A report from the University Hospital of Basel, recently published by The Lancet, adds to evidence of the unreliability of PCR and antibody Covid-19 tests.
An 81 year old woman with Covid-19 symptoms was admitted to the hospital and given a SARS-CoV-2 PCR test1. The test came back negative. 6 weeks later she was given an antibody test2. The antibody test also came back negative.
However, two days after admission, a skin sample from an area with a rash was taken from the woman and tested using a skin PCR test. This test came back positive.
The report’s authors say the case is important because it highlights the shortcomings of currently available testing methods for SARS-CoV-2 infection, both PCR and antibody tests.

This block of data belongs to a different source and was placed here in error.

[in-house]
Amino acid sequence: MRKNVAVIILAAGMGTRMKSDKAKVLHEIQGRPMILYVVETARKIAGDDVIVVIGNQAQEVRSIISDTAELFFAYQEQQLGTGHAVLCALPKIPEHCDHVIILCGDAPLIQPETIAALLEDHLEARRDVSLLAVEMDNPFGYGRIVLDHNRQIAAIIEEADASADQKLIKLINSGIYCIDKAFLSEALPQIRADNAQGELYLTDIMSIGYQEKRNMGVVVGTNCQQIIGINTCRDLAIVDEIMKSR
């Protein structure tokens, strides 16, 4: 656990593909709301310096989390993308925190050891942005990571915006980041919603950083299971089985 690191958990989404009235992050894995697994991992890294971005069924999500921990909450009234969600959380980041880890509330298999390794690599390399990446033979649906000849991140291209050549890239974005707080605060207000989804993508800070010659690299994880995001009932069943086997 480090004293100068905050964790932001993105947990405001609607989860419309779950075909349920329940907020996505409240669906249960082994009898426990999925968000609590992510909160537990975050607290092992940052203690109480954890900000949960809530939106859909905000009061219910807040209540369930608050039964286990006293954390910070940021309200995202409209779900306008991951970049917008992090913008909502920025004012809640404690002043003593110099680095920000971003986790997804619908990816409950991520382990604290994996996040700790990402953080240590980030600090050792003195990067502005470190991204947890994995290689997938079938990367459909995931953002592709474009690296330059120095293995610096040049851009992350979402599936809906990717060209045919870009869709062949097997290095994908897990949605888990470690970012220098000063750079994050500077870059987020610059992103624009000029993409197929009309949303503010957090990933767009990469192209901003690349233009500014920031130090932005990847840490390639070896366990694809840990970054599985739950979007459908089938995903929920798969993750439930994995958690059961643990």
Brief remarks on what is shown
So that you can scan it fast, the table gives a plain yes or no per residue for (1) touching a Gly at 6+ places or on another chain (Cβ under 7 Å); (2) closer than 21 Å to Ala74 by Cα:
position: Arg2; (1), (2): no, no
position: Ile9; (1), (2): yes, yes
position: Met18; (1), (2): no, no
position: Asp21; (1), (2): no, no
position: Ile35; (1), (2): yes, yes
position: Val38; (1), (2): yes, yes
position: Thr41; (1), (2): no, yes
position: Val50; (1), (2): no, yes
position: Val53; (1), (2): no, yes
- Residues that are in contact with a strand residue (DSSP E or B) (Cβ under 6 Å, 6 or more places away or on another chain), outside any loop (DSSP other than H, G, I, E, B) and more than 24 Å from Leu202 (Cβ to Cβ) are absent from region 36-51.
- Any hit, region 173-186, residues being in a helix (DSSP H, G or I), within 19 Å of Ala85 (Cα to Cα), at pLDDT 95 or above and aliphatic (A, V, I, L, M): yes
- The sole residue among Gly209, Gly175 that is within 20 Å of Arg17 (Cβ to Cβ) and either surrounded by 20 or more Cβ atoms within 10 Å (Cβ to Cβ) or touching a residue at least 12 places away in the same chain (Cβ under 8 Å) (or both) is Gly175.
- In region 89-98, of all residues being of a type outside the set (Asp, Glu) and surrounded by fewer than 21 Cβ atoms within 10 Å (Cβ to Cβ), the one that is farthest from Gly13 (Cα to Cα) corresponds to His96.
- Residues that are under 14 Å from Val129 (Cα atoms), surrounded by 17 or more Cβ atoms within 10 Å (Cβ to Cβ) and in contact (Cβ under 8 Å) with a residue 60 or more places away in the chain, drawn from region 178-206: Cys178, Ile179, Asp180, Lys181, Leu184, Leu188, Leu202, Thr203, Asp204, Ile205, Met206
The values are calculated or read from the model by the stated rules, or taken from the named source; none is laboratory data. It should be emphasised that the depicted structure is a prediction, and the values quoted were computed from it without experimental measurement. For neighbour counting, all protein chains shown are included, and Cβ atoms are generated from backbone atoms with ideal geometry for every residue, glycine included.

In addition, the lack of antibodies in the blood after 6 weeks suggests that some patients with COVID-19 might not establish humoral immunity, something observed with other coronaviruses.
Humoral immunity refers an immune response detected in fluids outside cells, such as antibodies. Another kind of immunity known as cell-mediated immunity is an immune response that does not involve antibodies. This includes T-cell and B-cell responses that are not detected by antibody tests.
The authors also suggest that Covid-19 skin tests might be used in addition to regular PCR and antibody tests for diagnosing patients and for determining how many people have been infected.
1 Nasopharyngeal swab, Cobas SARS-CoV-2 Test, Roche Diagnostics.
2 Elecsys Anti-SARS-CoV-2, Roche Diagnostics.
Lancet publication (in English)